Welta Penti  –  Vintage Camera

Welta Penti (three quarters)

Welta Penti (three quarters)

Welta Penti (three quarters)

Welta Penti (three quarters)

Welta Penti (front view)

Welta Penti (front view)

Welta Penti (front view, film advance rod extended)

Welta Penti (front view, film advance rod extended)

Welta Penti (rear view)

Welta Penti (rear view)

Welta Penti (top view)

Welta Penti (top view)

Welta Penti (bottom view)

Welta Penti (bottom view)

Welta Penti (with 35mm cassette for scale)

Welta Penti (with 35mm cassette for scale)

Welta Penti (three quarters)Welta Penti (three quarters)Welta Penti (front view)Welta Penti (front view, film advance rod extended)Welta Penti (rear view)Welta Penti (top view)Welta Penti (bottom view)Welta Penti (with 35mm cassette for scale)

Welta Penti Specifications

Manufacturer: VEB Welta Kamera-Werke
  and later VEB Pentacon
   
Origin: East Germany
  (modern day Germany)
   
Made in: Freital, East Germany
  (modern day Germany)
   
Introduced: 1959
   
Type: Subminiature, Viewfinder
   
Format: 35mm Film (half-frame)
   
Dimensions: 10.7 x 7 x 4.5 cm

Welta Penti Review

The Welta Penti is a stylish compact 35mm half-frame camera introduced by VEB Welta Kamera-Werke in the Dresden suburb of Freital, East Germany for use with Agfa‘s Rapid film cartridge. Sometimes referred to as the Penti 0, this particular camera is the first of several Penti models made by Welta and—after Welta merged with other manufacturers like Zeiss Ikon and Altissa to form it—Pentacon. Like the vast majority of camera manufacturers based in Dresden, Welta became a state-run company after World War II as Germany split apart.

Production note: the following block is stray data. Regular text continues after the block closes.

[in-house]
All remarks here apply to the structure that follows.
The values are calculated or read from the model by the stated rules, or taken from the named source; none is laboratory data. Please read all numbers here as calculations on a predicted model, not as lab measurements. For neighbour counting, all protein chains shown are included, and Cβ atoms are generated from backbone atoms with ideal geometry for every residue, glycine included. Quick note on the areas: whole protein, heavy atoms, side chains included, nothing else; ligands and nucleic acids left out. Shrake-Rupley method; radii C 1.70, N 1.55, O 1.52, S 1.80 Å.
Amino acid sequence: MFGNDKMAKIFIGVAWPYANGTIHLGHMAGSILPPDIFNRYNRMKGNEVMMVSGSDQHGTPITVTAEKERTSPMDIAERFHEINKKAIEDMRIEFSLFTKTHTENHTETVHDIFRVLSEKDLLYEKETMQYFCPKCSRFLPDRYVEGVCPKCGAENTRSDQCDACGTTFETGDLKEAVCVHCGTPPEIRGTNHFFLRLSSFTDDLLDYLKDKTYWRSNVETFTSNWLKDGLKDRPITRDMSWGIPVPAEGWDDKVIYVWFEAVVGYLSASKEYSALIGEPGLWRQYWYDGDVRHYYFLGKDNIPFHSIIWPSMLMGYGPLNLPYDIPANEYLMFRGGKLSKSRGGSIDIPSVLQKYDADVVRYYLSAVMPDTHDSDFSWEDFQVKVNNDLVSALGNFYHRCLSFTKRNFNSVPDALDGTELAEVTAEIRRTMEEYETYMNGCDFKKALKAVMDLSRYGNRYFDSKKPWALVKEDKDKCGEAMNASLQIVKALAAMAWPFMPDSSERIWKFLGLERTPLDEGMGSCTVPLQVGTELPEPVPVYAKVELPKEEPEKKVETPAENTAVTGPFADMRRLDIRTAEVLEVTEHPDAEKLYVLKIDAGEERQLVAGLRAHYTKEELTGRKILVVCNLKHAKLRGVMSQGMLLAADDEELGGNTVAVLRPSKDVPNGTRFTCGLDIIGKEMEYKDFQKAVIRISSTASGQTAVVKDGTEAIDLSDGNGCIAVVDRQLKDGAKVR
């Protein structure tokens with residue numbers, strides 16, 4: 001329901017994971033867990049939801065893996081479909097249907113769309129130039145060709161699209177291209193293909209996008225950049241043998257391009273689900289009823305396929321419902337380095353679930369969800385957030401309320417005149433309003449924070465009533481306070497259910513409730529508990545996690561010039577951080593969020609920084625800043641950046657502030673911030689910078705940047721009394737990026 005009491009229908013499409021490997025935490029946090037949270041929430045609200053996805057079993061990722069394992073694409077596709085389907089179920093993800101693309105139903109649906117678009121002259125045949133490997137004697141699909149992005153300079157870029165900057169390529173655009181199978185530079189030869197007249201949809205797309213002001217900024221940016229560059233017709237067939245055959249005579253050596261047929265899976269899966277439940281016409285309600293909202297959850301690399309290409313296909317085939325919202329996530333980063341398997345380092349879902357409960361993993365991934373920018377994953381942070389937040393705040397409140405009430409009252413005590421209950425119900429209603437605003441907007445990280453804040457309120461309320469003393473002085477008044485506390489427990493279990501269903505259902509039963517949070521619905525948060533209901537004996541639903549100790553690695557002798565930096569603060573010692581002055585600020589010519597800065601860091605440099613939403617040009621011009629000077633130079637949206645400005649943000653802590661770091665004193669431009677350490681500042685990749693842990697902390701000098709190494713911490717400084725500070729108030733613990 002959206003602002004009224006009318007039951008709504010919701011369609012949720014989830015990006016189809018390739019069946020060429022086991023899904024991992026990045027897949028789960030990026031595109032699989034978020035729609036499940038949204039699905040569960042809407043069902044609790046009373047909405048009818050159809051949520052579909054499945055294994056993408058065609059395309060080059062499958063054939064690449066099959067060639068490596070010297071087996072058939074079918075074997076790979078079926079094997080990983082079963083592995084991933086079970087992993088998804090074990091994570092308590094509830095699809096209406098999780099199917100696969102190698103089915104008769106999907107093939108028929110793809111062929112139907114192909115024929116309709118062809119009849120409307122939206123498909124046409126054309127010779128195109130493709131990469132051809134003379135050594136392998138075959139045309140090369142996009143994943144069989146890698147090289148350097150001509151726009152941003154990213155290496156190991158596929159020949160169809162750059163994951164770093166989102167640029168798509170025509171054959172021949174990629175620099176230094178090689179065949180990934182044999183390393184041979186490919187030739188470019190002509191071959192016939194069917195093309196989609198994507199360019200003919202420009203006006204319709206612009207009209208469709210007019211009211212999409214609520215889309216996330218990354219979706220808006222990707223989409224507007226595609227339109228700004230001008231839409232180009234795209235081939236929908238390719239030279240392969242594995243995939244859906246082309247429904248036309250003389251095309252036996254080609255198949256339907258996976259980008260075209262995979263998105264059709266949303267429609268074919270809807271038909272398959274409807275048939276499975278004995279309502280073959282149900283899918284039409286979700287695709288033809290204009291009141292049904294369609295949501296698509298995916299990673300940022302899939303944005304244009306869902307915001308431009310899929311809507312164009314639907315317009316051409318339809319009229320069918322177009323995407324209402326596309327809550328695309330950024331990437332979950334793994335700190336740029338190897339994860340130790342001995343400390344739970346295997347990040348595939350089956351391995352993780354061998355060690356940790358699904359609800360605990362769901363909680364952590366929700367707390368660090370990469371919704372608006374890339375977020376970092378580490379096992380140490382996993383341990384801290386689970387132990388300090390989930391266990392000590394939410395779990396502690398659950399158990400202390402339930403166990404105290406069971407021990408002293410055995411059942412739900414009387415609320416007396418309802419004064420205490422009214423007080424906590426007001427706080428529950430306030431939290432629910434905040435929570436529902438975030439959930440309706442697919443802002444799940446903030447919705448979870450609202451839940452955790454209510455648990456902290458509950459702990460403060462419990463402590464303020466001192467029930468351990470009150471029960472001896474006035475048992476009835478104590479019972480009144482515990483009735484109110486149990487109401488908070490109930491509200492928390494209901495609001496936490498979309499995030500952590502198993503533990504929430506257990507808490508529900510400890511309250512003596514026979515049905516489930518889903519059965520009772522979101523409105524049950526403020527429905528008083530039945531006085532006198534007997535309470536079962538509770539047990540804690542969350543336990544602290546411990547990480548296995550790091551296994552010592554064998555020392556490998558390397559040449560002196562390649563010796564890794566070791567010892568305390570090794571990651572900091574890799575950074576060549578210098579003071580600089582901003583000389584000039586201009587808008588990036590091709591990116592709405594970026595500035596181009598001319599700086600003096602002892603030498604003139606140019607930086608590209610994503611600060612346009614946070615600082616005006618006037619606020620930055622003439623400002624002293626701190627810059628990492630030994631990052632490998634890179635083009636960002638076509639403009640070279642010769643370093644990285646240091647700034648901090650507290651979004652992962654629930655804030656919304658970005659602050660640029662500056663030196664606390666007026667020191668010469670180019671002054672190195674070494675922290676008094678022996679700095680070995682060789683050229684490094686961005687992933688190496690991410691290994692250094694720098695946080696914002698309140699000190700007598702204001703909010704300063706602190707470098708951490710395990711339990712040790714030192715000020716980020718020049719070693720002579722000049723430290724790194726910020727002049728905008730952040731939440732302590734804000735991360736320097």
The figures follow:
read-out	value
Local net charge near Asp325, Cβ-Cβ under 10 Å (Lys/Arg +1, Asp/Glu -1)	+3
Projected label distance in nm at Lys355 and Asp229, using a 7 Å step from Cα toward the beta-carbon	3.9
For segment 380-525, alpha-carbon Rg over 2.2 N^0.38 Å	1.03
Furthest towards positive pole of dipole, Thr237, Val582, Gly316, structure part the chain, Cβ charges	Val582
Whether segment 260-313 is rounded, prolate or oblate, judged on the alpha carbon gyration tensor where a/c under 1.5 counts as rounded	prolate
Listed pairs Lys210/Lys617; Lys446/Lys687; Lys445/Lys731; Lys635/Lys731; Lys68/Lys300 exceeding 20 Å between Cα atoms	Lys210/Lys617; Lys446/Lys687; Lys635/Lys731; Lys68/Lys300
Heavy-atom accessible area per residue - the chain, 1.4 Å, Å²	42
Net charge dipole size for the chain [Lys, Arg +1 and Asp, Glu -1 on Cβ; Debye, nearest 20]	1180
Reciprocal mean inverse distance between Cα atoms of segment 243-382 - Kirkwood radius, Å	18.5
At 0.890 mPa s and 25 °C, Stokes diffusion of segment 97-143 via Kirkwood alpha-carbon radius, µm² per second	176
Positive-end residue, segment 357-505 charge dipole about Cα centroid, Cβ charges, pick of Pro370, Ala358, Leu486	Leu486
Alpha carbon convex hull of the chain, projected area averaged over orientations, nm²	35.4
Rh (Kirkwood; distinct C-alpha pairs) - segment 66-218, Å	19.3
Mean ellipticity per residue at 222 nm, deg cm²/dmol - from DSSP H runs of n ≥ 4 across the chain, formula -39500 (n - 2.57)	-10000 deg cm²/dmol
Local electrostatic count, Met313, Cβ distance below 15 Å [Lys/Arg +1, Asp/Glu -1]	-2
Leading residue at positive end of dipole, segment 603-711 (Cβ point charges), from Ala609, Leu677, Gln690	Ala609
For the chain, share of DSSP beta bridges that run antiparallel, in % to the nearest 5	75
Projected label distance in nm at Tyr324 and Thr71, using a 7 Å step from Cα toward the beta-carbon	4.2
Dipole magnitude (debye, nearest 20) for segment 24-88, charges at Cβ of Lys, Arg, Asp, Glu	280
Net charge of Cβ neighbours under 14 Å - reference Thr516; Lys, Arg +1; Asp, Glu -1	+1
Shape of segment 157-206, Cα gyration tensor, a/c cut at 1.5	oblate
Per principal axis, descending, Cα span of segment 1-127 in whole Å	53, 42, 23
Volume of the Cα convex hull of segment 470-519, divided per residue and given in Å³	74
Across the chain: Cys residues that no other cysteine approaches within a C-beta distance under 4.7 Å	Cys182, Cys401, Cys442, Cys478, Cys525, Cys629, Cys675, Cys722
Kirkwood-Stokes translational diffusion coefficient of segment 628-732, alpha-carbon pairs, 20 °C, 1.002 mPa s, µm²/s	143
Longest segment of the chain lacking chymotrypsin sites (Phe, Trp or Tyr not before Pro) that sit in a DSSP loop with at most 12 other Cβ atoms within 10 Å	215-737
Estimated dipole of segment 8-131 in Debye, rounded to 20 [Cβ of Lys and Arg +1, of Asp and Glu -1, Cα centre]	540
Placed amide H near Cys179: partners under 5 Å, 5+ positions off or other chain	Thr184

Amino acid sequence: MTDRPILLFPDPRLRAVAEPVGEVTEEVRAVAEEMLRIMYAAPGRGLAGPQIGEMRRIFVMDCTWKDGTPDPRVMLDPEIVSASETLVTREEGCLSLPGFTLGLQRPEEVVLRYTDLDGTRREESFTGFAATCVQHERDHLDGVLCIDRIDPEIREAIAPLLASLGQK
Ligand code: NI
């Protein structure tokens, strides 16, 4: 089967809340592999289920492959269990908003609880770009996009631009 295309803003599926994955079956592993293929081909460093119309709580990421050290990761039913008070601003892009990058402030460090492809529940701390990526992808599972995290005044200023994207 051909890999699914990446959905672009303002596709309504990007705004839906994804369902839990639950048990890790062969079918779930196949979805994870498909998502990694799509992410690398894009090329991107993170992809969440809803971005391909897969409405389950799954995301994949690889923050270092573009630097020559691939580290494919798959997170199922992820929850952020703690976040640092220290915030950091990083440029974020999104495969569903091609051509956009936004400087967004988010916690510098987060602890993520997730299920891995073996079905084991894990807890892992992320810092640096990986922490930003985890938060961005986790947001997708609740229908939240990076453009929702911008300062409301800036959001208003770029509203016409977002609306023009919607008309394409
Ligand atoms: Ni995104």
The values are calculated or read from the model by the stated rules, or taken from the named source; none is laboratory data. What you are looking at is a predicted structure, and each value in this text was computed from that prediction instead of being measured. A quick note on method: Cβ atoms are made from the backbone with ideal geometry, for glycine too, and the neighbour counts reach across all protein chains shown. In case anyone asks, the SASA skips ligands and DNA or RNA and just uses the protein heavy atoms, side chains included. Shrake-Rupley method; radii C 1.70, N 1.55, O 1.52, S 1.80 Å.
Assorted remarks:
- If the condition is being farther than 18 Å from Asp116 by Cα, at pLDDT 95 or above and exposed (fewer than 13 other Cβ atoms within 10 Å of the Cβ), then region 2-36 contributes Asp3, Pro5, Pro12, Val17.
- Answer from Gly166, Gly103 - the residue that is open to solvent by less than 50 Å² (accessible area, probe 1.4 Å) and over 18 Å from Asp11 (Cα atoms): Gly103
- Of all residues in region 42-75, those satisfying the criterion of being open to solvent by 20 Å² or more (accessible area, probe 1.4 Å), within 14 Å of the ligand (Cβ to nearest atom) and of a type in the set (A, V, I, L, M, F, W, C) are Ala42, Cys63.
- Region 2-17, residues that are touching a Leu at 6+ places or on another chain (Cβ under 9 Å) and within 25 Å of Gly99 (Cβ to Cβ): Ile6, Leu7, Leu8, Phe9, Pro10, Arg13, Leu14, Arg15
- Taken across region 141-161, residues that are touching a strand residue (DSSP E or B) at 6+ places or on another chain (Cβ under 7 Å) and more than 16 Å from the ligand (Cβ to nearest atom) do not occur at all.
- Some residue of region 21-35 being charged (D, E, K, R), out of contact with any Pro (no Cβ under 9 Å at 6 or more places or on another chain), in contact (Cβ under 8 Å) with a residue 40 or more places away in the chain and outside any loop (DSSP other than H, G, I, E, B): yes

The Penti boasts a Meyer-Optik 30mm f/3.5 Trioplan lens which has an inner ring for adjusting focus and a second, larger ring to change the aperture. The outermost ring on the lens barrel selects one of four shutter speeds (Bulb, 1/30, 1/60, and 1/125 seconds) which are triggered via the chrome shutter button with threaded cable release socket on the top of the camera. Once the shutter is fired, a rod on the user’s left hand side of the camera pops out, protruding by about two centimeters. Pushing the rod back into the camera cocks the shutter and advances the film at the same time. Also located on the top plate of the camera are a cold shoe in the center, a circular frame counter, and a flash sync socket.

I had been wanting to buy this beautiful camera for my wife and, after a year or so of watching eBay auctions, finally got a great deal on one. The Penti matches its gold-anodized aluminum body with three colors: cream, maroon, and this shade of aqua green. Personally, I’m quite taken with this camera. Not only is it gorgeous to look at but the film advance system is an absolute pleasure to use. The only drawback to this is its use of Agfa Rapid cartridges which are fiddly and need to be manually respooled with 35mm film.

References:

McKeown, James M. and Joan C. McKeown’s Price Guide to Antique and Classic Cameras, 2001-2002. (Grantsburg, USA: Centennial Photo Service, 2001), 532.

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